By Matthew E. Milliken
Jan. 26, 2015
My opponent in my 12th game of the Duke Pediatric Blood and Marrow Transplantation Program benefit Scrabble tournament was a young fellow I’ll call X. It was not a surprise to see him: In recent years, I’ve played several tournament games against X., a local kid who’s probably in middle school now. He’s won more games against me than I’ve won against him.
I got a small break when X., who moved first, used his first turn to exchange four letters. Thanks mainly to my third play, CRIB/CUKE 26, I had a 75-31 lead when X. put down CID/LI/NOD as his fourth move. I wasn’t familiar with CID, and although I’m not very well versed in the three-letter words, I decided to challenge.
That was a smart decision. CID is a phony, so I voided a 20-point play by my foe.
The tide started to shift in the seven turn, in which X. put out WINCE/EF 25. With INSSVVZ on my rack, I decided to trade in the dual Vs. That yielded an A and a T, for a rack of AINSSTZ — better. Score: 106-72, with me in the lead.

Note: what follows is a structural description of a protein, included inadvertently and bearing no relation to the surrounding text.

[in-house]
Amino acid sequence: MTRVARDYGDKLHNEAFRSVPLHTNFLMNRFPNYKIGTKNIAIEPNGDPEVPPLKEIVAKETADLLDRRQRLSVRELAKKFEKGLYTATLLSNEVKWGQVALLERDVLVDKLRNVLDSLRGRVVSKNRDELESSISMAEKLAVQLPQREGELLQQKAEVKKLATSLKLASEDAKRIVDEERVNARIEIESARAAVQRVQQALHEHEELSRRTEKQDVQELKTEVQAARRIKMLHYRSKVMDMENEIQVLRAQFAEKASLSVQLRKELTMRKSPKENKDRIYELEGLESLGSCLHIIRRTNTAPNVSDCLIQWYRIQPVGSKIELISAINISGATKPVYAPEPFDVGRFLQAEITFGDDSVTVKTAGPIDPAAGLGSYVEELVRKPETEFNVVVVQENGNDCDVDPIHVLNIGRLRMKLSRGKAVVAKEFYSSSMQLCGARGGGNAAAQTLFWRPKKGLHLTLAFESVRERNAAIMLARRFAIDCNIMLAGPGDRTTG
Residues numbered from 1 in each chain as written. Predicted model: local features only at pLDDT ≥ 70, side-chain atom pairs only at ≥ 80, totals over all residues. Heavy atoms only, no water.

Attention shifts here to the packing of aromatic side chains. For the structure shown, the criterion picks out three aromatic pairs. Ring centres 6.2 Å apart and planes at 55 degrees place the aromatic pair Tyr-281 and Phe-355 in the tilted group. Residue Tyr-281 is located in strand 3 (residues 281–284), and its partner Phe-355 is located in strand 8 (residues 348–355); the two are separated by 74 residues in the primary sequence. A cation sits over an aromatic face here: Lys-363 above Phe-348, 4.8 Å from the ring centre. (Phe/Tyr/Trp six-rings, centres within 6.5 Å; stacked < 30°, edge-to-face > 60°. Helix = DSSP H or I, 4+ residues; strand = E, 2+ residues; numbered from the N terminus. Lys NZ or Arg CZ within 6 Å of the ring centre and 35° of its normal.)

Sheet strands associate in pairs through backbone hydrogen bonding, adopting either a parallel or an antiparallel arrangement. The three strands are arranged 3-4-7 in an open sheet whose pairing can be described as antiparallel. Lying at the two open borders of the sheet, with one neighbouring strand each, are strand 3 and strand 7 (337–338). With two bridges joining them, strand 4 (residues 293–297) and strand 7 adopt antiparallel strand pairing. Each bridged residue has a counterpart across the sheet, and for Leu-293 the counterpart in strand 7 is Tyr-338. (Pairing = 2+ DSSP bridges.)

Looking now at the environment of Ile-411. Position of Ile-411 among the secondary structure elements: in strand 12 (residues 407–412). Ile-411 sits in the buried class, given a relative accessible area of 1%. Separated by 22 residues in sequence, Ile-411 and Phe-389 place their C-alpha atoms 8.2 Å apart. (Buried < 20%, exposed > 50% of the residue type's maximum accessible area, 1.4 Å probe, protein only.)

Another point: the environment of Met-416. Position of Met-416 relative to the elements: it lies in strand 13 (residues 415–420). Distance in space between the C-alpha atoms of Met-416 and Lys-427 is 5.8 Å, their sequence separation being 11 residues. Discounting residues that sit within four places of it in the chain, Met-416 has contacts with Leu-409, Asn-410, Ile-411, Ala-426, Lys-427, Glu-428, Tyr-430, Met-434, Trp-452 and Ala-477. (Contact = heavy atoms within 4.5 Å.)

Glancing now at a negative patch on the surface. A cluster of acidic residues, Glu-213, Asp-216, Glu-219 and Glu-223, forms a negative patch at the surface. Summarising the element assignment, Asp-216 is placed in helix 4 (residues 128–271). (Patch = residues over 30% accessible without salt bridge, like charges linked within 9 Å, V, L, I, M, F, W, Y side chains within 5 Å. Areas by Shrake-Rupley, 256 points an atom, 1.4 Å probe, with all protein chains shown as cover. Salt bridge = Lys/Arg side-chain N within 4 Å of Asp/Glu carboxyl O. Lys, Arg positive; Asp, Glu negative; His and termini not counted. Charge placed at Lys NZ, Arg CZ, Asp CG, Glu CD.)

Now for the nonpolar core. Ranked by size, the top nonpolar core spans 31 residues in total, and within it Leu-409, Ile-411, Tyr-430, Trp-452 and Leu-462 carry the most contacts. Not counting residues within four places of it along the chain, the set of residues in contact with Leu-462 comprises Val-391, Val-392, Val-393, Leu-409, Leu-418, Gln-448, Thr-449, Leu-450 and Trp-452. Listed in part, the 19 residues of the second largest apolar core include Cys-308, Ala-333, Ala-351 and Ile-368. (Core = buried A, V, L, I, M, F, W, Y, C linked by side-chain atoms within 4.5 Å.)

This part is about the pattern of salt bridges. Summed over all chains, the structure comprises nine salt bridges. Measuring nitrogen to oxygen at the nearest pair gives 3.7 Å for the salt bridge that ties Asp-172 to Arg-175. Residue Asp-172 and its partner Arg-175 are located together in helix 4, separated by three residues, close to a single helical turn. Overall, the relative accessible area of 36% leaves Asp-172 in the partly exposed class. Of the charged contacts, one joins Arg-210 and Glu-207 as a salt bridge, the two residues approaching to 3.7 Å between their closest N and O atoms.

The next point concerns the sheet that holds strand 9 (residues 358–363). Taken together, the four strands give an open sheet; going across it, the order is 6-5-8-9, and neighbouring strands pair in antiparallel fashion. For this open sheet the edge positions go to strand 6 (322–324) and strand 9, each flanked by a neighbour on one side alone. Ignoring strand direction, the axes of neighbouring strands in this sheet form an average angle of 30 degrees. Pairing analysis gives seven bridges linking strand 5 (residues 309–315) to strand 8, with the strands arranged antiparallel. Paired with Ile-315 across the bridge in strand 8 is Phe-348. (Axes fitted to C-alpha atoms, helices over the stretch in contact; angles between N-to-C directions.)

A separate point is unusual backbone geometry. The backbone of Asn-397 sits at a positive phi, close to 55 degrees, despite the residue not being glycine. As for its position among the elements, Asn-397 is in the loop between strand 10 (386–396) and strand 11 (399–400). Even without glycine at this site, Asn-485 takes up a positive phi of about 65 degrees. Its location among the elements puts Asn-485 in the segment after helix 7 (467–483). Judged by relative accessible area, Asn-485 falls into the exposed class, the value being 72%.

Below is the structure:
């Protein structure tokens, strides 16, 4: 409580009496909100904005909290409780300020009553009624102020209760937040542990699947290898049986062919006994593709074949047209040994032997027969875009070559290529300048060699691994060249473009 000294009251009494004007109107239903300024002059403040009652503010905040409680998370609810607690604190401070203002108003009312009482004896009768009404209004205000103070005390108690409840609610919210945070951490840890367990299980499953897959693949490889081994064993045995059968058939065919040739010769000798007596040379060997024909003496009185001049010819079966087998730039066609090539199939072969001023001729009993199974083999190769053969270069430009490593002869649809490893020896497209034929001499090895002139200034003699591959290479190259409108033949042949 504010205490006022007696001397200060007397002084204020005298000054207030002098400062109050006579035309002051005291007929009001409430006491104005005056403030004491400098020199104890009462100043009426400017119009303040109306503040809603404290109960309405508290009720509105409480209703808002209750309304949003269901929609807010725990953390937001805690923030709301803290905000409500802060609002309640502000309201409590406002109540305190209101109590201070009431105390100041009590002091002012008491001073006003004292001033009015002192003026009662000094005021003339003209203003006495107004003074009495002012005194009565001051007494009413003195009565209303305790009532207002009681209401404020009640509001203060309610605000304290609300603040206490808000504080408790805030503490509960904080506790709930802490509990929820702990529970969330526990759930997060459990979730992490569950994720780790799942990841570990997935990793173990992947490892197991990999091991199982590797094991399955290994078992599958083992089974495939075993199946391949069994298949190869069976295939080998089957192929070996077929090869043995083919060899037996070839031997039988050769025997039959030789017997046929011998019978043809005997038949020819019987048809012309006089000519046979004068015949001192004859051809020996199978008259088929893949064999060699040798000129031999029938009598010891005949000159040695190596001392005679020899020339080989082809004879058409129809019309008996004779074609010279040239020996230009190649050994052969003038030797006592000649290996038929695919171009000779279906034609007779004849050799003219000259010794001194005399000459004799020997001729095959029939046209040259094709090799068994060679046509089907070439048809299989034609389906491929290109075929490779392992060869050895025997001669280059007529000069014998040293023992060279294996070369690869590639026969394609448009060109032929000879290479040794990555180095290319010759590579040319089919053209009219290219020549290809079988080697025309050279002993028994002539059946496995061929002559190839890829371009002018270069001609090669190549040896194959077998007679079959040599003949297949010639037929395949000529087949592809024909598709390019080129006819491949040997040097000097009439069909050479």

X. responded, alas, with SNaRLED/WEEDS, an 83-point bingo. Even after I played NAZI/NE/AD 38, I trailed, 155-144.
Turns 9 through 15 were a nightmare for me. X. steadily built his lead, beginning with FORGE/IF 35 and ending with VISIT/SLAP 30. His only score lower than 21 points in this stretch was RAY/RIF 18.
Meanwhile, I was saddled with unbalanced racks that seemed devoid of bingos — NOOSSU?, IOOSSU?, OSSUVY? During this period, my only score bigger than 17 points was NAH/AT/HONE 23.
By the end of this sequence of play, X. had an insurmountable 344-219 lead.
I did close out on a miniature rally: DYE 15 and sUSS 15. The latter was an out play, garnering me 14 points from the unused letter on X.’s rack.
Final score: 366-263, a discouraging 103-point loss.
Tournament record: 5-7. Cumulative scoring margin: minus-280 points.